Lawyers who represented consumers in a suit over Kraft’s “sensible” snack labeling urged the Ninth Circuit on Wednesday to rethink affirming a pair of deeply discounted fee awards, arguing that the decision to dramatically reduce their requests with little to no explanation flouts precedent and undermines California rules.
The U.S. Court of International Trade revived a dispute over a duty on Vietnamese shrimp imports Thursday, finding the U.S. Department of Commerce failed to show it adequately investigated claims that Bangladeshi labor rates used to assess the fair value of the shrimp were distorted.
Dairy company Dean Foods Co. asked a Tennessee federal court Wednesday to stop a large milk retailer from pushing ahead with its claim that Dean Foods and Suiza Food Corp. conspired to violate antitrust laws when they merged in 2001.
A Texas liquor store chain can’t force its insurer to pay for a suit seeking to recover more than $4 million charged by its credit card processor in the wake of two data breaches at the chain, a Texas federal judge ruled Wednesday.
Innovative Dining Group LLC, the high-end restaurant company behind the Japanese-inspired Sushi Roku and Katana eateries, was hit with a putative class action in California court on Wednesday alleging its BOA Steakhouse chain violates state consumer privacy laws.
European regulators said Wednesday that the active ingredient in Monsanto’s weedkiller Roundup doesn’t cause cancer, a day after a California judge in consolidated litigation over the substance made public documents that indicated a U.S. environmental official had offered to “kill” a federal agency's study of the chemical's safety.
Most of the Trump administration's trade policy has focused on overhauling the North American Free Trade Agreement and imposing punitive tariffs, but Tuesday's hearing to consider a new U.S. trade representative brought to light the litany of other trade issues facing the White House.
Virtu Financial has offered to pay up to $1.33 billion for rival electronic trader KCG, Chow Tai Fook Enterprises has agreed to buy Australia's Alinta Energy for about $3 billion, and BRF may choose to forego an initial public offering of shares in its Halal unit and instead sell private stakes.
A Filipino fisherman injured at sea told a federal court in Washington state Monday that his fishing company used his financial desperation and minimal English literacy to coerce him into signing a release for a pittance.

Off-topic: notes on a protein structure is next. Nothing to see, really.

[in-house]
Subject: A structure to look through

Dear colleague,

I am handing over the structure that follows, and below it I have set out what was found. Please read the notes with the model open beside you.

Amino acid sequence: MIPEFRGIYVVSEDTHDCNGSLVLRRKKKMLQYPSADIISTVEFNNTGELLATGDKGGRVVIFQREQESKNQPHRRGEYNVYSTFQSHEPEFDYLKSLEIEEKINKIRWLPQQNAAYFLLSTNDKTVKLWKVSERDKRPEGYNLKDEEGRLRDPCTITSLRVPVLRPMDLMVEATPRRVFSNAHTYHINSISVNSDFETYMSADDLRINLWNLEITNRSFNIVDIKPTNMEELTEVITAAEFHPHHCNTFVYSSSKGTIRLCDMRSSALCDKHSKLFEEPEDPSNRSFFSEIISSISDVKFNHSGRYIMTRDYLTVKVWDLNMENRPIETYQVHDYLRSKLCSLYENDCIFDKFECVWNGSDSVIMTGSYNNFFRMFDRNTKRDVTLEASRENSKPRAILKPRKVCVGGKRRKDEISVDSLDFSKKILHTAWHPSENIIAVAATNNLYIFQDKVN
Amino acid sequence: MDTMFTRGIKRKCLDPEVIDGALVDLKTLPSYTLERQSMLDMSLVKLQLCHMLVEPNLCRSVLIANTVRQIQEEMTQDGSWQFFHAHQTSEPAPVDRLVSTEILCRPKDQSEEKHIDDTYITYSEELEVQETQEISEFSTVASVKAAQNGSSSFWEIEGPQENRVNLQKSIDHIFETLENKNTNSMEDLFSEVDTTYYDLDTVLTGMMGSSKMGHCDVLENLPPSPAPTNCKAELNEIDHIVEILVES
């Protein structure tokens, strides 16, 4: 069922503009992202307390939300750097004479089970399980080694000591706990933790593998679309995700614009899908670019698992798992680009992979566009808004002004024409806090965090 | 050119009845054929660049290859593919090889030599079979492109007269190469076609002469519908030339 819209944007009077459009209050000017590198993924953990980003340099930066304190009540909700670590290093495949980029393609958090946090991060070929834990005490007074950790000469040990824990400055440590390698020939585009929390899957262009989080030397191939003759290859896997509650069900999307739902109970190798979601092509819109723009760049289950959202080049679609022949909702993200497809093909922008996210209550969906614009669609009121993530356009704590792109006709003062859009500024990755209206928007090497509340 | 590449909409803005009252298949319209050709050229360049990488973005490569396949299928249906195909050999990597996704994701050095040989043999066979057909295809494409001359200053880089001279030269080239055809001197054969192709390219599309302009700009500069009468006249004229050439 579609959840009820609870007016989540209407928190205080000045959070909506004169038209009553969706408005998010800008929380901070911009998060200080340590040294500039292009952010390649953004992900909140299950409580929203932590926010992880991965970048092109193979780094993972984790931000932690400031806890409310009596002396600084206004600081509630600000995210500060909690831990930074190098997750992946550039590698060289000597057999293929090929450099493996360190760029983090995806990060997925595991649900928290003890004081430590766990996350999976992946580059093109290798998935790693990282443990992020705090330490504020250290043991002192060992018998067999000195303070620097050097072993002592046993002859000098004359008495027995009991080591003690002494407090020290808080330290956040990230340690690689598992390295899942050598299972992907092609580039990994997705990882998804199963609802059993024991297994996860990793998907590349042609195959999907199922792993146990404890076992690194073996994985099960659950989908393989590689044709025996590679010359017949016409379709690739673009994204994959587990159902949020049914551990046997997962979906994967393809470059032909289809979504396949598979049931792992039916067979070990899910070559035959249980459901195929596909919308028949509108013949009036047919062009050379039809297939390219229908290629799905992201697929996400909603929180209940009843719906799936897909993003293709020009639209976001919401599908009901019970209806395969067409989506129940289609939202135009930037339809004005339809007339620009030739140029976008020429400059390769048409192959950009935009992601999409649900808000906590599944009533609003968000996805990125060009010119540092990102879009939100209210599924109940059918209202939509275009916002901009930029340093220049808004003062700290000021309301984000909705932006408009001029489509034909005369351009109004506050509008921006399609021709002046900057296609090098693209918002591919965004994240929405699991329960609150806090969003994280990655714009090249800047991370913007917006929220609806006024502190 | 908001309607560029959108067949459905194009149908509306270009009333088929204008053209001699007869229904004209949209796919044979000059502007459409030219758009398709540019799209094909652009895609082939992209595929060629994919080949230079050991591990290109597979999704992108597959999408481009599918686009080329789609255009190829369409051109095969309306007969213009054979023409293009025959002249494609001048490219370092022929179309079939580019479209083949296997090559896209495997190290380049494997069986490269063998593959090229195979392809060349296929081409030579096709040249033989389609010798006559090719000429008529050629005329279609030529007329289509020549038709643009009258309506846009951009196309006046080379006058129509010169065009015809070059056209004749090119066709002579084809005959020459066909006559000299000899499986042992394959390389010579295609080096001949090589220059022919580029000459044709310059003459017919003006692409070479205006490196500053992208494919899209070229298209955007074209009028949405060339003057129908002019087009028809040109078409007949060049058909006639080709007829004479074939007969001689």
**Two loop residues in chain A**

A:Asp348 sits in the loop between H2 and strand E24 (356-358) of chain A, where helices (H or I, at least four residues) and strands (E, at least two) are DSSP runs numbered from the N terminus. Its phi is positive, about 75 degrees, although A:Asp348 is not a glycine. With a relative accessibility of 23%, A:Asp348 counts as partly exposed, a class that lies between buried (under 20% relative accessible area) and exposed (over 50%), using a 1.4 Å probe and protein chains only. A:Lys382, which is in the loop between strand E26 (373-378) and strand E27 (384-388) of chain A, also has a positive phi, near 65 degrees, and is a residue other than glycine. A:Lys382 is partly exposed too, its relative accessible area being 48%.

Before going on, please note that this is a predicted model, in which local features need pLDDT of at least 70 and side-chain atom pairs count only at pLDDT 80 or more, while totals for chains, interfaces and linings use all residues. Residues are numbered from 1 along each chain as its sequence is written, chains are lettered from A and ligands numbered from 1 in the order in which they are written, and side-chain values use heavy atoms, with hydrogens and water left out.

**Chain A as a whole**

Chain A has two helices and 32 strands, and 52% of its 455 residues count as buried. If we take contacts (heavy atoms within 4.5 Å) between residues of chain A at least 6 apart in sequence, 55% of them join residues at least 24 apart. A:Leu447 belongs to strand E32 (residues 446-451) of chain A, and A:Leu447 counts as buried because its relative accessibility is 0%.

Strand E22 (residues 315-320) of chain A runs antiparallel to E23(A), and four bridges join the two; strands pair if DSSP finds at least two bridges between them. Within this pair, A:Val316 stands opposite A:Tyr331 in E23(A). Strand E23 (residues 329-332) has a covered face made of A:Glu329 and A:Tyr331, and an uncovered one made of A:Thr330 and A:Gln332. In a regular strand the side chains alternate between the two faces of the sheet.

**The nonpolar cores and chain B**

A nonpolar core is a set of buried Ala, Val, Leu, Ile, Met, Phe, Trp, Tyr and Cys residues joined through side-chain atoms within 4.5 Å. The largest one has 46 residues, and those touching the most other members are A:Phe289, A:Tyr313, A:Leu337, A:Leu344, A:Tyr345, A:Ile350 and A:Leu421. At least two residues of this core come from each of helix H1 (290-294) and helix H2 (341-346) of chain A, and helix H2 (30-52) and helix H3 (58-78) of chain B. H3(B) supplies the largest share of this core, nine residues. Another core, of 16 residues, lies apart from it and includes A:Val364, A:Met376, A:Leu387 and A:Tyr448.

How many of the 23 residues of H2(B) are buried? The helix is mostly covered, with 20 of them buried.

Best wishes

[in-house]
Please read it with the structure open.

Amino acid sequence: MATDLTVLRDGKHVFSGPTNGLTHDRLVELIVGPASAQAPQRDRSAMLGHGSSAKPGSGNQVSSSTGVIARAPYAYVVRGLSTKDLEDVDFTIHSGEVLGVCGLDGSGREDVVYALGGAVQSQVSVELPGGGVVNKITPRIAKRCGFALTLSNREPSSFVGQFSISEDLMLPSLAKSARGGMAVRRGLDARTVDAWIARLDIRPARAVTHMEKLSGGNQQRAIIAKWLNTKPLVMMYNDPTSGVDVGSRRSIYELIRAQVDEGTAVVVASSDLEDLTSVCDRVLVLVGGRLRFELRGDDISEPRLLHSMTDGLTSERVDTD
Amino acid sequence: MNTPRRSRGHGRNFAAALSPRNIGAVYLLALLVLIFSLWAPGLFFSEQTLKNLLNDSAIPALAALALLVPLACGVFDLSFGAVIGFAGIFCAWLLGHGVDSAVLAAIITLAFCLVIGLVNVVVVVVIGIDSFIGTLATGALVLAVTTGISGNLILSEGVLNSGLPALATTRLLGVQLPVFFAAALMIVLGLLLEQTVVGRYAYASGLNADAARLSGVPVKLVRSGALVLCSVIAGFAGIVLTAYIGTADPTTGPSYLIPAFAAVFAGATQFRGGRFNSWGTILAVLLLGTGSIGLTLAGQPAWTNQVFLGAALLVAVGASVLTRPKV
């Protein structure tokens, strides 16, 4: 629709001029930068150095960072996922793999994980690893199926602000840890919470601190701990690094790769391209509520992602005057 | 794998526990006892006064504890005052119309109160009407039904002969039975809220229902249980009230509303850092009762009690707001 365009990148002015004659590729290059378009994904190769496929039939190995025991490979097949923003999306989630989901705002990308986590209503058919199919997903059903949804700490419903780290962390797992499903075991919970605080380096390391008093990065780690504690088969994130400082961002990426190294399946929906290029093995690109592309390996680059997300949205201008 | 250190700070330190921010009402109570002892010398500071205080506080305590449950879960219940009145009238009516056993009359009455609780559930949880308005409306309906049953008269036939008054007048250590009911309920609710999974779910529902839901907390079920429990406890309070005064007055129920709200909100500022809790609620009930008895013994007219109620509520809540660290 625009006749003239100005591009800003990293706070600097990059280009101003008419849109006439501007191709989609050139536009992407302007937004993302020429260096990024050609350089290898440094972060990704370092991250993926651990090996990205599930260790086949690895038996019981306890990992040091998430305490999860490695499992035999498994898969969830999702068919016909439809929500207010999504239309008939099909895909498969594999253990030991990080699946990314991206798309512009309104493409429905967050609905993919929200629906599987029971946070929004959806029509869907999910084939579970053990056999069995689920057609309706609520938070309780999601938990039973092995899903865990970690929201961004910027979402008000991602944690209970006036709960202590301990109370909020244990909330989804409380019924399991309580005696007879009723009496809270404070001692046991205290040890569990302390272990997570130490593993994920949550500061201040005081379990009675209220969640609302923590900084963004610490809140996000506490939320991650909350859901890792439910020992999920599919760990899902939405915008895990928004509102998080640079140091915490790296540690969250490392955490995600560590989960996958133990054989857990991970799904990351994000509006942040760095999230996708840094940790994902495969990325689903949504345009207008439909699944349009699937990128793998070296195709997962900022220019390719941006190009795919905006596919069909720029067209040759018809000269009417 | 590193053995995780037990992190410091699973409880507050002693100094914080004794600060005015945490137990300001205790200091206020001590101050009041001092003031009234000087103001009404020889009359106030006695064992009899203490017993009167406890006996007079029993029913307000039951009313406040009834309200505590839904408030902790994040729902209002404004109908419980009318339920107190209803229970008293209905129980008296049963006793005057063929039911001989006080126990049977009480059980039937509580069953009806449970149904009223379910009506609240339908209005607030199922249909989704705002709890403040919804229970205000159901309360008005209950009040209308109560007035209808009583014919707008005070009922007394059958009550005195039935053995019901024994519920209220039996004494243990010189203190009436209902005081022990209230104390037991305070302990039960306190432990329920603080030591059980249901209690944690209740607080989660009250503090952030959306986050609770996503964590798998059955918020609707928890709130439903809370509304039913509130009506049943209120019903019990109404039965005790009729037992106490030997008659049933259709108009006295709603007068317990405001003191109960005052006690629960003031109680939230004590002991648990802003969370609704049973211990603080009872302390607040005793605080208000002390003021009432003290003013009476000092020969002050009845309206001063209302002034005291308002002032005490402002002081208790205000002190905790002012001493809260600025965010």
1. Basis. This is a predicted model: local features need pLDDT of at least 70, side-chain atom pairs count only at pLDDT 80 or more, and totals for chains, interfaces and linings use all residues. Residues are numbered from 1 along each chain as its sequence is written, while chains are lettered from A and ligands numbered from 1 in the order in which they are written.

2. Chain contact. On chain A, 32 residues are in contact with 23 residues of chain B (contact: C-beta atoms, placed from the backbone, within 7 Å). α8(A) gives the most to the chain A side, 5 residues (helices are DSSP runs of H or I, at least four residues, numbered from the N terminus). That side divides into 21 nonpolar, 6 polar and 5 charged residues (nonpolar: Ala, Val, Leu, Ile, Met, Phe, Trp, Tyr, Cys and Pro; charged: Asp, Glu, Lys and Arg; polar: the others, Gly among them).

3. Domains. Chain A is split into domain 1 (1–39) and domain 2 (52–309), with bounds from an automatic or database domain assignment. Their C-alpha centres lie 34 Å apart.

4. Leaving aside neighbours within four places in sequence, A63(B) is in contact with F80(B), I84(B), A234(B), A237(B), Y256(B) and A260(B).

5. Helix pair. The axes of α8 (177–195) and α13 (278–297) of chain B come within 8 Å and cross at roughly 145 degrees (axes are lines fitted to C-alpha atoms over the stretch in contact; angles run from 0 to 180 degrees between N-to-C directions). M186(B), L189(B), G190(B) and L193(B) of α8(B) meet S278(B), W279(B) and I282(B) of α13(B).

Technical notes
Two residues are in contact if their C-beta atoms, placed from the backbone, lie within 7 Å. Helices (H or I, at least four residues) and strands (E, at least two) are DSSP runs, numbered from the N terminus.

Food distributor Sysco Corp. deceptively billed fuel charges to a Florida restaurant and other companies as “hidden rate” increases unrelated to actual fuel costs, a proposed class action alleged Tuesday.
The maker of actor Dan Aykroyd's Crystal Head Vodka told a California federal jury during Wednesday's opening statements in the trade dress infringement case that a rival spirits company is selling tequila in a “cheap knockoff” of its distinctive skull-shaped bottle.
A California federal judge on Tuesday dismissed some state claims in multidistrict litigation alleging a vast price-fixing conspiracy in the seafood industry, saying among other reasons that buyers of the seafood did not purchase the products in the relevant states.
European packaging giant Ardagh Group SA on Wednesday said it raised $308 million after pricing its initial public offering of common stock at $19 per share, near the top of its $17 to $20 a share range, in a deal advised by Shearman & Sterling LLP.
The Animal Legal Defense Fund, which obtained a $450,000 sanction against restaurant group Landry's Inc. and its Houston Aquarium restaurant, has told a Texas district judge in Houston to reject the group's bid for a new trial, arguing that the request only rehashed arguments already rejected by the court.
Valley Milk Products LLC has been permanently banned from selling more than four million pounds of milk powder that the U.S. Food and Drug Administration seized in November unless the company can prove the products are no longer contaminated, the U.S. Department of Justice said Wednesday.
Anheuser-Busch was nipped by a trademark lawsuit Wednesday over its Super Bowl ad reviving long-dormant canine mascot Spuds MacKenzie — a case filed by an "entrepreneur" who claims he took ownership of the rights to the character after the beer giant abandoned them.
The U.S. Securities and Exchange Commission on Wednesday hit a security guard formerly employed by an H.J. Heinz Co. board member with a federal suit in Manhattan, alleging that he traded on inside information regarding the company's $28 billion acquisition by Berkshire Hathaway Inc. and 3G Capital Management LLC.